You love a nautical white-and-blue scheme.
Warm wood, with its inviting air and natural richness, is a great choice for infusing a cool, breezy kitchen with some approachable character. Crisp white kitchens feel a little more “homey” and a little less austere with a wood countertop. It makes a popular choice for transitional kitchens that balance traditional and contemporary elements, especially since classic wood fits into both categories.
Lisa & Leroy
Wood counters, naturally, also work well in spaces that already feature wood cabinets — that is, if you’re a true wood lover and don’t mind it dominating the palette.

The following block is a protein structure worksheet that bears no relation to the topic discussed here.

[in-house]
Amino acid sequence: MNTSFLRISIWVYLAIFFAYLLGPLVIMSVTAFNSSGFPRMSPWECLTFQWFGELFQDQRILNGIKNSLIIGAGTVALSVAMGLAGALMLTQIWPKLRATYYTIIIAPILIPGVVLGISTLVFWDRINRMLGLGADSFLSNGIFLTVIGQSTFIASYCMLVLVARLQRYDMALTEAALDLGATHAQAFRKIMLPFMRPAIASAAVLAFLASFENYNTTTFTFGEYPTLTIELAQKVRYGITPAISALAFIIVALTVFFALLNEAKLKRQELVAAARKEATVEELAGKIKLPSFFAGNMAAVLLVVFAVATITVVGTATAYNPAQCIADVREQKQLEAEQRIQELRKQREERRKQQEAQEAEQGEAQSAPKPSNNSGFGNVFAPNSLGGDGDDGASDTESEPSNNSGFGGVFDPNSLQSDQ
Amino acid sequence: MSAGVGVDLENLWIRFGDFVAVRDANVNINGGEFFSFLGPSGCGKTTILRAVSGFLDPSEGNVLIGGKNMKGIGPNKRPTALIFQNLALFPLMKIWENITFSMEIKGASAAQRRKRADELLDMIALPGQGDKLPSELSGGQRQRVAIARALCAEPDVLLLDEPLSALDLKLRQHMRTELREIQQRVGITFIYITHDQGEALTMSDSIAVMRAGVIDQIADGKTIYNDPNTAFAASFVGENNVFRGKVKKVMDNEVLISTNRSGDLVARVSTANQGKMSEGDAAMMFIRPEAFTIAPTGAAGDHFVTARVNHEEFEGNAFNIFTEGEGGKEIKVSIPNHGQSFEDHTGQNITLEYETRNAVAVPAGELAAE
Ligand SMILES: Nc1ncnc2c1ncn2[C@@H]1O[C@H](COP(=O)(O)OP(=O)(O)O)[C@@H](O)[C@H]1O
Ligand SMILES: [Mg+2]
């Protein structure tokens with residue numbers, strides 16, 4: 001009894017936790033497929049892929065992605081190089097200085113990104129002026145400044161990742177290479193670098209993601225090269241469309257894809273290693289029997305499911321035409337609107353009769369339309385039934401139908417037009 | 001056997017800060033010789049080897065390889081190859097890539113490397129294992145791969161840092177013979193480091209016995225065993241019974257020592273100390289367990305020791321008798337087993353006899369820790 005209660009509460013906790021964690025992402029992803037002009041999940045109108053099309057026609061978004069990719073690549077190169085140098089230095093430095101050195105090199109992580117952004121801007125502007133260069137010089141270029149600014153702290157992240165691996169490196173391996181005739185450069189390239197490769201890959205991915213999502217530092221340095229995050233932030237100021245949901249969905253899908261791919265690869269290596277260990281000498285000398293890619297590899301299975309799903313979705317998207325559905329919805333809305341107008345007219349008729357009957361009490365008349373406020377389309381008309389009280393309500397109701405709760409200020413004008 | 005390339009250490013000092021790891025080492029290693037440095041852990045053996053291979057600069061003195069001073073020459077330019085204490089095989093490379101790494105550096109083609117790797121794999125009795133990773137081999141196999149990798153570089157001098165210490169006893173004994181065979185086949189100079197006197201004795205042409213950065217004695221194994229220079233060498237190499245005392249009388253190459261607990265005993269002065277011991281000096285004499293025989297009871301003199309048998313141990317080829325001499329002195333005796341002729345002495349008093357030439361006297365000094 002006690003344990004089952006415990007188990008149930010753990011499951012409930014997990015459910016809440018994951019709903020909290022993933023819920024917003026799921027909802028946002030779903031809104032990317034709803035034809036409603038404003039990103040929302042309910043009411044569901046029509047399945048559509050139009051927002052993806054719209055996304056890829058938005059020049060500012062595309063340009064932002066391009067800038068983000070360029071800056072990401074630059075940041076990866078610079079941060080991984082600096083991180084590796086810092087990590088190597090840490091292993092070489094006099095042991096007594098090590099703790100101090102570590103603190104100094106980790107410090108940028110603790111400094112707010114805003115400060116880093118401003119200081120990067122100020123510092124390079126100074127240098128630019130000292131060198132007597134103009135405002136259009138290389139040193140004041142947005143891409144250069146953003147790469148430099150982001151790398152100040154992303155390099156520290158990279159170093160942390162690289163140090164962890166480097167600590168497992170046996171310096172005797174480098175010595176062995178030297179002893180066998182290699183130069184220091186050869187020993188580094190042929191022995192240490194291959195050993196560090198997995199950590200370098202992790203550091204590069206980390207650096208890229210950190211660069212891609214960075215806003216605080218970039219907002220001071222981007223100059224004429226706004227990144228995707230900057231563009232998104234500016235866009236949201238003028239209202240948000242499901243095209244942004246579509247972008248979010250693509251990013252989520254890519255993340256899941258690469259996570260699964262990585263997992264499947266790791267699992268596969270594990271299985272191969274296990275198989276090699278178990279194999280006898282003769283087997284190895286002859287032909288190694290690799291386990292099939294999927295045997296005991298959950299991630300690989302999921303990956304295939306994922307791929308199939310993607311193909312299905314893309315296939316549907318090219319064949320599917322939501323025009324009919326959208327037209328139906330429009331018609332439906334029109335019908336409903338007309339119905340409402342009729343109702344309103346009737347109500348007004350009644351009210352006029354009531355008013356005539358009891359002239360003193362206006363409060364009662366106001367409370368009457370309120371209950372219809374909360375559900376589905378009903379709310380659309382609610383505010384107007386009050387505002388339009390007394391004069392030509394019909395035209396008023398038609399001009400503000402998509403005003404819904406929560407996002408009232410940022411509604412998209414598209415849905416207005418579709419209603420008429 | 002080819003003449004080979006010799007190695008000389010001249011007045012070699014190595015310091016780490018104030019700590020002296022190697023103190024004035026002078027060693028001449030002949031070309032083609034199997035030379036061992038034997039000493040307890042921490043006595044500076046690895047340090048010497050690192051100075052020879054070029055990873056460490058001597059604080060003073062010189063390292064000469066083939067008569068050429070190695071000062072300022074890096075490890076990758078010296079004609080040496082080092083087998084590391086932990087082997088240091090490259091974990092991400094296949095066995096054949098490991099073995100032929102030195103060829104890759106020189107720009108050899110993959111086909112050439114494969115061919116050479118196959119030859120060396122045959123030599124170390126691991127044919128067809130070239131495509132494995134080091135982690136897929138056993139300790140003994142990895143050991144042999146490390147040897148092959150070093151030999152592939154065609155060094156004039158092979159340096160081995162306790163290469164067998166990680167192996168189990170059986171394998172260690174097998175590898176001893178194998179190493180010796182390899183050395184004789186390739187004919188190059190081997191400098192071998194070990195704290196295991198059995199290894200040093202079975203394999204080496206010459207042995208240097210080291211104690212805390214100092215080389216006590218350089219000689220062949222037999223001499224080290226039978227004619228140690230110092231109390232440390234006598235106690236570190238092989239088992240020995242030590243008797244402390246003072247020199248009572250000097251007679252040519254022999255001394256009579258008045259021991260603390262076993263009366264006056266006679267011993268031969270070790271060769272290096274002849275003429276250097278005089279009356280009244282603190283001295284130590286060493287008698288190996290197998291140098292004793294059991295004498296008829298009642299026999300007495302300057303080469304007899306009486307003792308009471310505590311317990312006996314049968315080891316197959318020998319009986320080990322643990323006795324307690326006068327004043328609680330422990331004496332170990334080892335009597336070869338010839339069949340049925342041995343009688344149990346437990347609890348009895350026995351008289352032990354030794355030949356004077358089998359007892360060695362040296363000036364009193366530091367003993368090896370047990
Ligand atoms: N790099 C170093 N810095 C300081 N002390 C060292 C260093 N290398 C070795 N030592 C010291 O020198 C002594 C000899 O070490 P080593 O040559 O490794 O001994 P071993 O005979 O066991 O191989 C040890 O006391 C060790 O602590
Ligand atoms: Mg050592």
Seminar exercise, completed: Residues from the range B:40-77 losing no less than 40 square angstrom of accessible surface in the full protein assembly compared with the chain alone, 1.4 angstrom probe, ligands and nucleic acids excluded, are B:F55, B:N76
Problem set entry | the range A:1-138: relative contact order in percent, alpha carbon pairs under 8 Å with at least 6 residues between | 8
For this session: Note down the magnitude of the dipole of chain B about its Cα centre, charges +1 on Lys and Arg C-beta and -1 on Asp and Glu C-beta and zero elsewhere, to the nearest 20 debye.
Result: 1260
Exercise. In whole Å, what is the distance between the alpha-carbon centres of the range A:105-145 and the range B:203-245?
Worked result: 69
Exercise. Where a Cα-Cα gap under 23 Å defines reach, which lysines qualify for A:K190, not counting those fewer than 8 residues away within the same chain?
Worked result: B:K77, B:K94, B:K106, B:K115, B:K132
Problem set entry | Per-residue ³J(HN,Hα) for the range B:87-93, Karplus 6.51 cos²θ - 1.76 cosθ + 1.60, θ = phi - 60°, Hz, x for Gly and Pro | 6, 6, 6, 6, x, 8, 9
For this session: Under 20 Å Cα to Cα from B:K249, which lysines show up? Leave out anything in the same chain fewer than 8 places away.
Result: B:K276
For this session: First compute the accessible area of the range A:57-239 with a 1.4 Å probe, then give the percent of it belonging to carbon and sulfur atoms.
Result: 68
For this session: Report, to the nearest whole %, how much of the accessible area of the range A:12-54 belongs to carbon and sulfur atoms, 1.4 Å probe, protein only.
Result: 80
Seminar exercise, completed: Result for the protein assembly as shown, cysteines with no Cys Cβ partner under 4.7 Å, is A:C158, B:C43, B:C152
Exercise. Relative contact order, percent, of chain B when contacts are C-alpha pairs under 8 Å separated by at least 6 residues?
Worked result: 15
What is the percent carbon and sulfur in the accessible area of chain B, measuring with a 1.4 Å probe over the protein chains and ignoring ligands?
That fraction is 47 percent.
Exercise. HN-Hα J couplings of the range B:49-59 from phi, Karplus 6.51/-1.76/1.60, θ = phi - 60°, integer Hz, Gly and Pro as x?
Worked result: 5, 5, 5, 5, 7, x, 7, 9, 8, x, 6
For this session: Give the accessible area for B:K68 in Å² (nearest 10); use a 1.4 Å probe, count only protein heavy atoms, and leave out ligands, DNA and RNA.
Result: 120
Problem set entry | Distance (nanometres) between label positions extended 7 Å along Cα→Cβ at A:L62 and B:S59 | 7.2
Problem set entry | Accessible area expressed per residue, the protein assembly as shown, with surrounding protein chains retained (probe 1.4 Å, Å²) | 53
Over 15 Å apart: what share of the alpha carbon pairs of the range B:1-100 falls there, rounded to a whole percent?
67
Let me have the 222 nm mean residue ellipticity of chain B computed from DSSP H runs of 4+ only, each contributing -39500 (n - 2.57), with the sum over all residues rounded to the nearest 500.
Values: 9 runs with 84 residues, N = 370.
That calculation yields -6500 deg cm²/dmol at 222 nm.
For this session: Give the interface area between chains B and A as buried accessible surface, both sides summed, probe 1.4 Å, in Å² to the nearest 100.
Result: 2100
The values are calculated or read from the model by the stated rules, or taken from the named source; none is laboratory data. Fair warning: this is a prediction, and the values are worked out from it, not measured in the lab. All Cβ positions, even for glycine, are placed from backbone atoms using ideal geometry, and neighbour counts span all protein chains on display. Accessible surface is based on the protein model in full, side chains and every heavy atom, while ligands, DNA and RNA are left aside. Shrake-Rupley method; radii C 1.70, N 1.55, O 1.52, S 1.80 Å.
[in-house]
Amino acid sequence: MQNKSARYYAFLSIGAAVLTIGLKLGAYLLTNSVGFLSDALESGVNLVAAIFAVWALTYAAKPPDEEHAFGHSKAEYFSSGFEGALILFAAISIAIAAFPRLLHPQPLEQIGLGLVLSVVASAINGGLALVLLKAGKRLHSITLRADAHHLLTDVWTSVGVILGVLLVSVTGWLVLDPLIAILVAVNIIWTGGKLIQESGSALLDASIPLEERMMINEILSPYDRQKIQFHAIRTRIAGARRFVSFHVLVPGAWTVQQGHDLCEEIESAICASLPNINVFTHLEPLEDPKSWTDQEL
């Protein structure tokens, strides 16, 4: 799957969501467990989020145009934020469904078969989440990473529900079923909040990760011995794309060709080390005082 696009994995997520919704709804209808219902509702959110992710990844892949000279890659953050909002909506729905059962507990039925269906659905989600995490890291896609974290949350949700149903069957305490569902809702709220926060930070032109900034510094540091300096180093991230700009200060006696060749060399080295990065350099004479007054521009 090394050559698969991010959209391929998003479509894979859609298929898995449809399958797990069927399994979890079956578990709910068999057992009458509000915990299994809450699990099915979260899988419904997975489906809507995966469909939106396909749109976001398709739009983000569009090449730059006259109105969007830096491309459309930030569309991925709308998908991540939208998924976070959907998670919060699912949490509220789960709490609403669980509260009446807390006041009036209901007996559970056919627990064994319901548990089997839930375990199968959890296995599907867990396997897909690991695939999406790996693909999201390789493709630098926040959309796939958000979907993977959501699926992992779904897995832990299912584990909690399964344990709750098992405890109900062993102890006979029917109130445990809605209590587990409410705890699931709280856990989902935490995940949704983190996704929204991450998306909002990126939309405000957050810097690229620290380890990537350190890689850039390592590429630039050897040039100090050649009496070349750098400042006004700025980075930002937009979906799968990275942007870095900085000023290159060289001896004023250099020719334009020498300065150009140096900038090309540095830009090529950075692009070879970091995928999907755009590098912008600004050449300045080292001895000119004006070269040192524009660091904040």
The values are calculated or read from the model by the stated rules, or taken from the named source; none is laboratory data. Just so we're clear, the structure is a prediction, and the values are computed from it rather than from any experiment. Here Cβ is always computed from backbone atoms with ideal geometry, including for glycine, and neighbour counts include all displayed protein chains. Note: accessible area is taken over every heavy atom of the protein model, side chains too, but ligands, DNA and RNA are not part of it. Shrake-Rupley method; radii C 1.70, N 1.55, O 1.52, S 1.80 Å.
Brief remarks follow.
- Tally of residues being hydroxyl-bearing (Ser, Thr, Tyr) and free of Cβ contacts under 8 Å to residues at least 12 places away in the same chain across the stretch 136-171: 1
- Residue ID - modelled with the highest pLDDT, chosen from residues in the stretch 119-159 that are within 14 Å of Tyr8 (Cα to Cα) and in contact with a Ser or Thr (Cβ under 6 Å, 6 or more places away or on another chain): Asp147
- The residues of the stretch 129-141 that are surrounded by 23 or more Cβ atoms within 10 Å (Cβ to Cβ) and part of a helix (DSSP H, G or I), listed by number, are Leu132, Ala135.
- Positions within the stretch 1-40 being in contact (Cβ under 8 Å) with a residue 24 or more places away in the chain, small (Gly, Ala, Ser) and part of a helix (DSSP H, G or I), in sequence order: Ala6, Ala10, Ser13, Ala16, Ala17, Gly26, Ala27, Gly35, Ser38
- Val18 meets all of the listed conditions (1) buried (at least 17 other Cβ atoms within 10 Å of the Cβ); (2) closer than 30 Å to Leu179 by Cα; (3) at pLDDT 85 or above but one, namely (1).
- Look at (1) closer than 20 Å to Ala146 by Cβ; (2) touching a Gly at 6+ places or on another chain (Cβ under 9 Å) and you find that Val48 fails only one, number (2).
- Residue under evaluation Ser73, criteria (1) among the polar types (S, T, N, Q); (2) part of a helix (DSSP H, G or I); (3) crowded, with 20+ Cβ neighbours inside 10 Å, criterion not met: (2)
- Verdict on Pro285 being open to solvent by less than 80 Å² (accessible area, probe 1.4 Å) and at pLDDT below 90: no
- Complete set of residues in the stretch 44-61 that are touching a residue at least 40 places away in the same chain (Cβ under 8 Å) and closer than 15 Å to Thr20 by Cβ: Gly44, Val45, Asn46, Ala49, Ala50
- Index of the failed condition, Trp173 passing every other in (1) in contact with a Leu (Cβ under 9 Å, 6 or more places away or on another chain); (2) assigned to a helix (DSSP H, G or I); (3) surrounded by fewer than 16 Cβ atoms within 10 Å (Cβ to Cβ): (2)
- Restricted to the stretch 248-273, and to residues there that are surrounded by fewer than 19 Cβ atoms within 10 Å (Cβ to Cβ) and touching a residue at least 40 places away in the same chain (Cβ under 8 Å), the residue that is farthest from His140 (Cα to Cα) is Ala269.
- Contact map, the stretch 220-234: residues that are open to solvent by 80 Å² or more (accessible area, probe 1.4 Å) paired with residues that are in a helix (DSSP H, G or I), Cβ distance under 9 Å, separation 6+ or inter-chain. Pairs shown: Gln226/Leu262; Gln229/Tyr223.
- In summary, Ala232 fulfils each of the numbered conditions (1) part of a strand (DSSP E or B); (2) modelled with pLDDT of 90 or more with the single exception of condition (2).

Notice in several of these examples how wood only dresses the island counters. Wood in general is an excellent material to use for an accent counter (often on an island or a small “chopping zone” in butcher block), contrasting with nearby stone or solid-surface counters in a pleasing way.
Lighter woods tend to have more of a casual or rustic feel compared with darker-stained options. Light-stained or unstained woods can have a cottage-inspired feel or a Scandinavian vibe depending on whether you pair them with traditional or modern accouterments. In either case, a traditional runner rug makes an excellent complement.
Darker woods come off a little more formal and polished than lighter tones. They lend a certain gravity to a space, which can work well in areas that are already bright and breezy with lots of windows.